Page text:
Feast of the Baptism of the Lord: A peace Church?

Each of this Sunday’s readings invites us to ponder the centrality of peace and justice in the mission of Jesus and in the mission of any of us who claim to be his disciples.

Jan 12, 2020

The Baptism of the Lord
Readings: Isaiah 42:1-4, 6-7;
Acts of the Apostles 10:34-38; Gospel: Matthew 3:13-17

Each of this Sunday’s readings invites us to ponder the centrality of peace and justice in the mission of Jesus and in the mission of any of us who claim to be his disciples.

The selection from Isaiah contains the famous figure of the Servant of Yahweh. Commentators have debated long and hard whether this servant stands for Israel as a whole or for an individual within Israel. The consensus now is that, in the full context of Isaiah 40-55, the servant stands for both; that is, the figure of the servant represents Israel in her mission to be a light to the nations, and at the same time the language points to the role of a person within Israel who enables her to fulfil that mission. The poem is written as a divine oracle, and the words promise  a special endowment of the Spirit of God, thus marking the mission as prophetic. It is also in the language of kingship (“establishing justice on the earth”), with the startling difference that this reign will come about not through military conquest but through conspicuously nonviolent means (“a bruised reed he shall not break, and a smouldering wick he shall not quench”).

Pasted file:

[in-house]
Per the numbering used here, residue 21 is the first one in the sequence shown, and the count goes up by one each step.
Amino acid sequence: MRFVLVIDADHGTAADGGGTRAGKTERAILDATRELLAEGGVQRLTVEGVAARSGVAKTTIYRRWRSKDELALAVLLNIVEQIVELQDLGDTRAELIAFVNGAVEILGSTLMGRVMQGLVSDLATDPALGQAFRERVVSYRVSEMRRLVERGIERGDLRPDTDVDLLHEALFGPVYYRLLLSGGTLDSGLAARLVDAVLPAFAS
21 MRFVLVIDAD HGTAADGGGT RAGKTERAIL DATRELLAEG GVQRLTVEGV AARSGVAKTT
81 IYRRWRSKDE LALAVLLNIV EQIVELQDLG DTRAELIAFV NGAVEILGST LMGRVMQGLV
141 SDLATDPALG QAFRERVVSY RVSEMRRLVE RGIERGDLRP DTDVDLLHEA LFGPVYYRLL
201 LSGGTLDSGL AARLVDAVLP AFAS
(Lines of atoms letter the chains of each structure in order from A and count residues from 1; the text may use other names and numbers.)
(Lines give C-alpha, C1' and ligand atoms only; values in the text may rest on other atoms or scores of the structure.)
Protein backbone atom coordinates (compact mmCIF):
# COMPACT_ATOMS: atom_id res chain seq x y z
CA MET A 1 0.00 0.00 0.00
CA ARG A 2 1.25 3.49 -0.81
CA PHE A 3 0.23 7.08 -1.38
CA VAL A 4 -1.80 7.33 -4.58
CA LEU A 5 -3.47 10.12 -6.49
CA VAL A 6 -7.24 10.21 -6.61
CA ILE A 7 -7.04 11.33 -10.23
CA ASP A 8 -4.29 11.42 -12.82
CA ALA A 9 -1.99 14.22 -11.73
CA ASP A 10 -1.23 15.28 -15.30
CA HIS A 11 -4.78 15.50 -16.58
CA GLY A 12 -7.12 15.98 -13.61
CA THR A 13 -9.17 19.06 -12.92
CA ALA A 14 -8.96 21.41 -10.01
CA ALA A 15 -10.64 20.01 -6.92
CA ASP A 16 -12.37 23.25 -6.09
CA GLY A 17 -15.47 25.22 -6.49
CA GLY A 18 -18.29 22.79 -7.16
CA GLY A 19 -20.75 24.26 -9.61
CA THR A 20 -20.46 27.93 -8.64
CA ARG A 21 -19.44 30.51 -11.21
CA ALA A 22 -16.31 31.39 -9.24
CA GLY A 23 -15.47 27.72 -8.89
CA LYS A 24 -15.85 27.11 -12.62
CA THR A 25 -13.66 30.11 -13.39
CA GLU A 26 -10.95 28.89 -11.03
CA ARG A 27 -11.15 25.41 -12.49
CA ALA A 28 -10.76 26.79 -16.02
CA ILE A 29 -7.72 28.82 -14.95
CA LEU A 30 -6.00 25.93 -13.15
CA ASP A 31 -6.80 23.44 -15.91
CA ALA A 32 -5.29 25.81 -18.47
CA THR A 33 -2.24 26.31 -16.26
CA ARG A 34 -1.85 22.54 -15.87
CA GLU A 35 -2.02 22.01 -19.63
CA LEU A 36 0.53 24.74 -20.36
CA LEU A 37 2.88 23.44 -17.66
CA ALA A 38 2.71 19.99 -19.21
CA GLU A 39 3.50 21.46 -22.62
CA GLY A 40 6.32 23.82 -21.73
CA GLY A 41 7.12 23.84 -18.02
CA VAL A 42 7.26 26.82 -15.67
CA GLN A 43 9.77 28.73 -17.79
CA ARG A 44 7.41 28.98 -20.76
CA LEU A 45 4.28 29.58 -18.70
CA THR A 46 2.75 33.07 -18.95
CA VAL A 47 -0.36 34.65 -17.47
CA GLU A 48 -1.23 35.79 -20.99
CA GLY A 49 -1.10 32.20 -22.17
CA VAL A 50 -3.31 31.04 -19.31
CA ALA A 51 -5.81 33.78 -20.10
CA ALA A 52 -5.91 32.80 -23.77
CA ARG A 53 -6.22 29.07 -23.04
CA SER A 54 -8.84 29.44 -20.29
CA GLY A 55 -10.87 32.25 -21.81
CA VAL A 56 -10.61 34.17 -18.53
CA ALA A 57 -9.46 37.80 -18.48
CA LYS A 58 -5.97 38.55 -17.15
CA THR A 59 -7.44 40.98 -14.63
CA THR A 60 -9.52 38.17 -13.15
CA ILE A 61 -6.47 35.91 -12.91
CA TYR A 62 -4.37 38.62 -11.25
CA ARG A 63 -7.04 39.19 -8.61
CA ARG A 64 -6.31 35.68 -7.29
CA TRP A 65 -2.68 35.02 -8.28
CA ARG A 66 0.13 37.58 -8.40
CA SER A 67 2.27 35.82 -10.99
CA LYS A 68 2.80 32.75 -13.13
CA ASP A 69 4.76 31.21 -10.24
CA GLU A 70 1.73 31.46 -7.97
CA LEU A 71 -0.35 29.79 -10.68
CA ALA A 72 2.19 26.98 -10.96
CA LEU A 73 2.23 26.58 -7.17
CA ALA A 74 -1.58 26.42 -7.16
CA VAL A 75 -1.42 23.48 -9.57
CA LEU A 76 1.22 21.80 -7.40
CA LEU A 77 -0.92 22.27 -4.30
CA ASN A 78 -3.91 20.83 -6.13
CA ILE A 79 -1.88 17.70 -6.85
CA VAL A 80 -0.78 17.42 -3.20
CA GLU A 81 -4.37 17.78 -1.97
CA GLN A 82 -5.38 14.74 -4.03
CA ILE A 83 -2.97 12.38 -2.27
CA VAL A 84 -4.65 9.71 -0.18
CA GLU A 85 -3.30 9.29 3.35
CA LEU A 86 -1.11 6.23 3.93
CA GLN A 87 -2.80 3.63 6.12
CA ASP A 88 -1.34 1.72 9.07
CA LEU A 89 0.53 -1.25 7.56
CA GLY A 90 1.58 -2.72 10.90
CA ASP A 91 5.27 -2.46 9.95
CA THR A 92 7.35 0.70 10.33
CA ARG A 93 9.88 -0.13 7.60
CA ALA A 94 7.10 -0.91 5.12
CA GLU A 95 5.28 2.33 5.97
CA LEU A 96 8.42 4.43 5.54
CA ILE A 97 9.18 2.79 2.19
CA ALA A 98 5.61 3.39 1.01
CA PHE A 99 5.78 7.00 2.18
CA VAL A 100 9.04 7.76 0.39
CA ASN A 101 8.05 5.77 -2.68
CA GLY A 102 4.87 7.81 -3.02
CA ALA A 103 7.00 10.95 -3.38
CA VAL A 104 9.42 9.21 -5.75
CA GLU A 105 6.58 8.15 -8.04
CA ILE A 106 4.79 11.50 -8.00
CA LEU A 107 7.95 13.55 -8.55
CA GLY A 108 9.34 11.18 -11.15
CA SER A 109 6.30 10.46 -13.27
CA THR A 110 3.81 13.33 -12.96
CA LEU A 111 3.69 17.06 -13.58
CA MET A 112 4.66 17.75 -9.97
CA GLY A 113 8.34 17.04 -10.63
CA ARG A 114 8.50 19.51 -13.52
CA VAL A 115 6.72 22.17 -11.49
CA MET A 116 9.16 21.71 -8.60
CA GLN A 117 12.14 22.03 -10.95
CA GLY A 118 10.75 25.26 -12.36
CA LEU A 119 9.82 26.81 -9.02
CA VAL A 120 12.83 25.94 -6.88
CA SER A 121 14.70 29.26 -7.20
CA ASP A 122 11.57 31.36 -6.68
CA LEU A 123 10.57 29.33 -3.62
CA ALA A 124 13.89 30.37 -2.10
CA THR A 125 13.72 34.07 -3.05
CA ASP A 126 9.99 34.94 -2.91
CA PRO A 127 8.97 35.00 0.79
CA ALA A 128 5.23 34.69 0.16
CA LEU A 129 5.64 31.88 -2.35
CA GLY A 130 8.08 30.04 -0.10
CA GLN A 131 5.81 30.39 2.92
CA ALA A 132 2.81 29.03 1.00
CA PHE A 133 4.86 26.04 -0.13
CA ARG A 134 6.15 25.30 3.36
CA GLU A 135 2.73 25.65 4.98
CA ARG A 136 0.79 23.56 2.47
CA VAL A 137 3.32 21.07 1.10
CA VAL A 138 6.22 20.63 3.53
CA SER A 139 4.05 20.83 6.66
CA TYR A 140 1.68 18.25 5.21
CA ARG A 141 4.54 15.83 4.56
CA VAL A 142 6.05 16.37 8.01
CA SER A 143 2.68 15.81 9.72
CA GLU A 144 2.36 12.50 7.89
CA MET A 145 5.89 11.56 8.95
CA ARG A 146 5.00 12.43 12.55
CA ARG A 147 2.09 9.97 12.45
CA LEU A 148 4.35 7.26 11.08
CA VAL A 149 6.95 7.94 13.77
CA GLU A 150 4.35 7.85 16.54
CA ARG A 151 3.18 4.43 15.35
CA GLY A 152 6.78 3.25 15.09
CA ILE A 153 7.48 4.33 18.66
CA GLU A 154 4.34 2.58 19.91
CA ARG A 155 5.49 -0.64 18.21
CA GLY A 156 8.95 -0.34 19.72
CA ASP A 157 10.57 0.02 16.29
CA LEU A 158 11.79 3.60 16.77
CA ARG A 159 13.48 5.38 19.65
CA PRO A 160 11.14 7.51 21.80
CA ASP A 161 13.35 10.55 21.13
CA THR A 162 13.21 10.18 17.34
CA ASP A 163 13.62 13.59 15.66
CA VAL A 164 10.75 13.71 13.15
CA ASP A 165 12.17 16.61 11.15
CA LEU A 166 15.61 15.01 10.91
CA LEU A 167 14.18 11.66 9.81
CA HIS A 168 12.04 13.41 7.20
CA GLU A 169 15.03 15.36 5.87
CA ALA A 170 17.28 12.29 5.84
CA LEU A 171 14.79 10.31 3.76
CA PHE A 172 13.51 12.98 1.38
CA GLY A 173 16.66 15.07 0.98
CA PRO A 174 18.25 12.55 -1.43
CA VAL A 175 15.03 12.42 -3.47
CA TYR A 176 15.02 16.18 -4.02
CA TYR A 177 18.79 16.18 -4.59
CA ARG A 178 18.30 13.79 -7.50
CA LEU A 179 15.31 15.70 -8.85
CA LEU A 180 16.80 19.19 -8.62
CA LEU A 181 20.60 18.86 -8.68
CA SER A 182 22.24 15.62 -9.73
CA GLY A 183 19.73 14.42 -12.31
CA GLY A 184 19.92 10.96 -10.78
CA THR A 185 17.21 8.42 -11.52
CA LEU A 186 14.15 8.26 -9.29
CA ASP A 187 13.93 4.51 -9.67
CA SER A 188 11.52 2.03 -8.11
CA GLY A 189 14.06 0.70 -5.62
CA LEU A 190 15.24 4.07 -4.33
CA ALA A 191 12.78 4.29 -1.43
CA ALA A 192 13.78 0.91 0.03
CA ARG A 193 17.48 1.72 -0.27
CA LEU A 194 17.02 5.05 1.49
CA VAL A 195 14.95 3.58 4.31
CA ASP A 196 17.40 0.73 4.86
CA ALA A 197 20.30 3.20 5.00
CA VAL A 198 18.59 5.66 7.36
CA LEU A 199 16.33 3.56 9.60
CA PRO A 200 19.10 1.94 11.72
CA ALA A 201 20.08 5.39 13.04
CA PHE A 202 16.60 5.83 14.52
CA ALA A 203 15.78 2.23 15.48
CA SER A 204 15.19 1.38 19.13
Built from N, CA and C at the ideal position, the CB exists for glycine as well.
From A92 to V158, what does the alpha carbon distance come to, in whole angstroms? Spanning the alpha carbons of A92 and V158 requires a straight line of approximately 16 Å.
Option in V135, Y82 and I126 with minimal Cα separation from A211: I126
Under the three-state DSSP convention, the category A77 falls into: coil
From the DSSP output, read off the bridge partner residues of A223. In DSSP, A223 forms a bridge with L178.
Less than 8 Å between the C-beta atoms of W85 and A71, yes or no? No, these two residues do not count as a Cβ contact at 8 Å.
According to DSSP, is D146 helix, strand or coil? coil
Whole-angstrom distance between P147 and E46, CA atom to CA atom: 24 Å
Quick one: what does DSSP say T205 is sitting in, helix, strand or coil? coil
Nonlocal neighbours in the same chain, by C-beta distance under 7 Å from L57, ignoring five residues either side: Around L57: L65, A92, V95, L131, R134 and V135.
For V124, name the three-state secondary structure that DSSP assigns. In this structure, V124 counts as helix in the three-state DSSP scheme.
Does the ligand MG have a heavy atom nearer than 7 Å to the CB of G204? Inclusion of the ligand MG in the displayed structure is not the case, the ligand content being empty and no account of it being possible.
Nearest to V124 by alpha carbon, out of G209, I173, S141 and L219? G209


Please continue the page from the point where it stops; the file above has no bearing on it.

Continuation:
The Gospel account of the baptism of the Lord alludes to this passage from Isaiah by combining the descent of the Spirit of God with the divine voice’s reference to the Son “with whom I am well pleased” (Matt 3:17; Isa 42:1). Against this background, the exchange between John the Baptist and Jesus, unique to Matthew’s account, makes profound sense. Attempting to prevent Jesus  from joining the conversion ritual, John says, “I need to be baptised by you, and yet you are coming to me?” To which Jesus replies, “Allow it now, for thus it is fitting for us to fulfil all righteousness.” Does this exchange recall otherwise neglected sayings of John? More likely it is an expansion by Matthew, answering a doubt some may have had about the propriety of the Baptist seeming to have a superior role here.

The clarification is profound. The question of superiority is secondary to the fact that each is “fulfilling all righteousness”—a word special to Matthew’s Jewish vocabulary meaning to do the will of God. Here  righteousness means especially to carry out the peace and justice mission articulated in the Servant passage echoed by the heavenly voice. It is the righteousness spelled out concretely in the Sermon on the Mount (see Matt 5:6, 10, 20; 6:33), where Jesus clearly calls his followers to nonviolence and love of enemies.

When Luke summarises the meaning of the baptism of the Lord in the speech of Peter to Cornelius’ household in Acts, he draws on this same portrait of the Servant in Isaiah.

You know the word [that God] sent to the Israelites as he proclaimed peace through Jesus Christ, who is Lord of all, what has happened all over Judea, beginning in Galilee after the baptism that John preached, how God anointed Jesus of Nazareth with the holy Spirit and power. (Acts 10:36-38)

The thrust of this biblical teaching suggests that any community calling itself Christian is necessarily called to be, in a profound sense, a peace church. Our Pope and bishops have been trying to call our attention to this for some time now.  -- By Prof Emeritus Fr Dennis Hamm SJ

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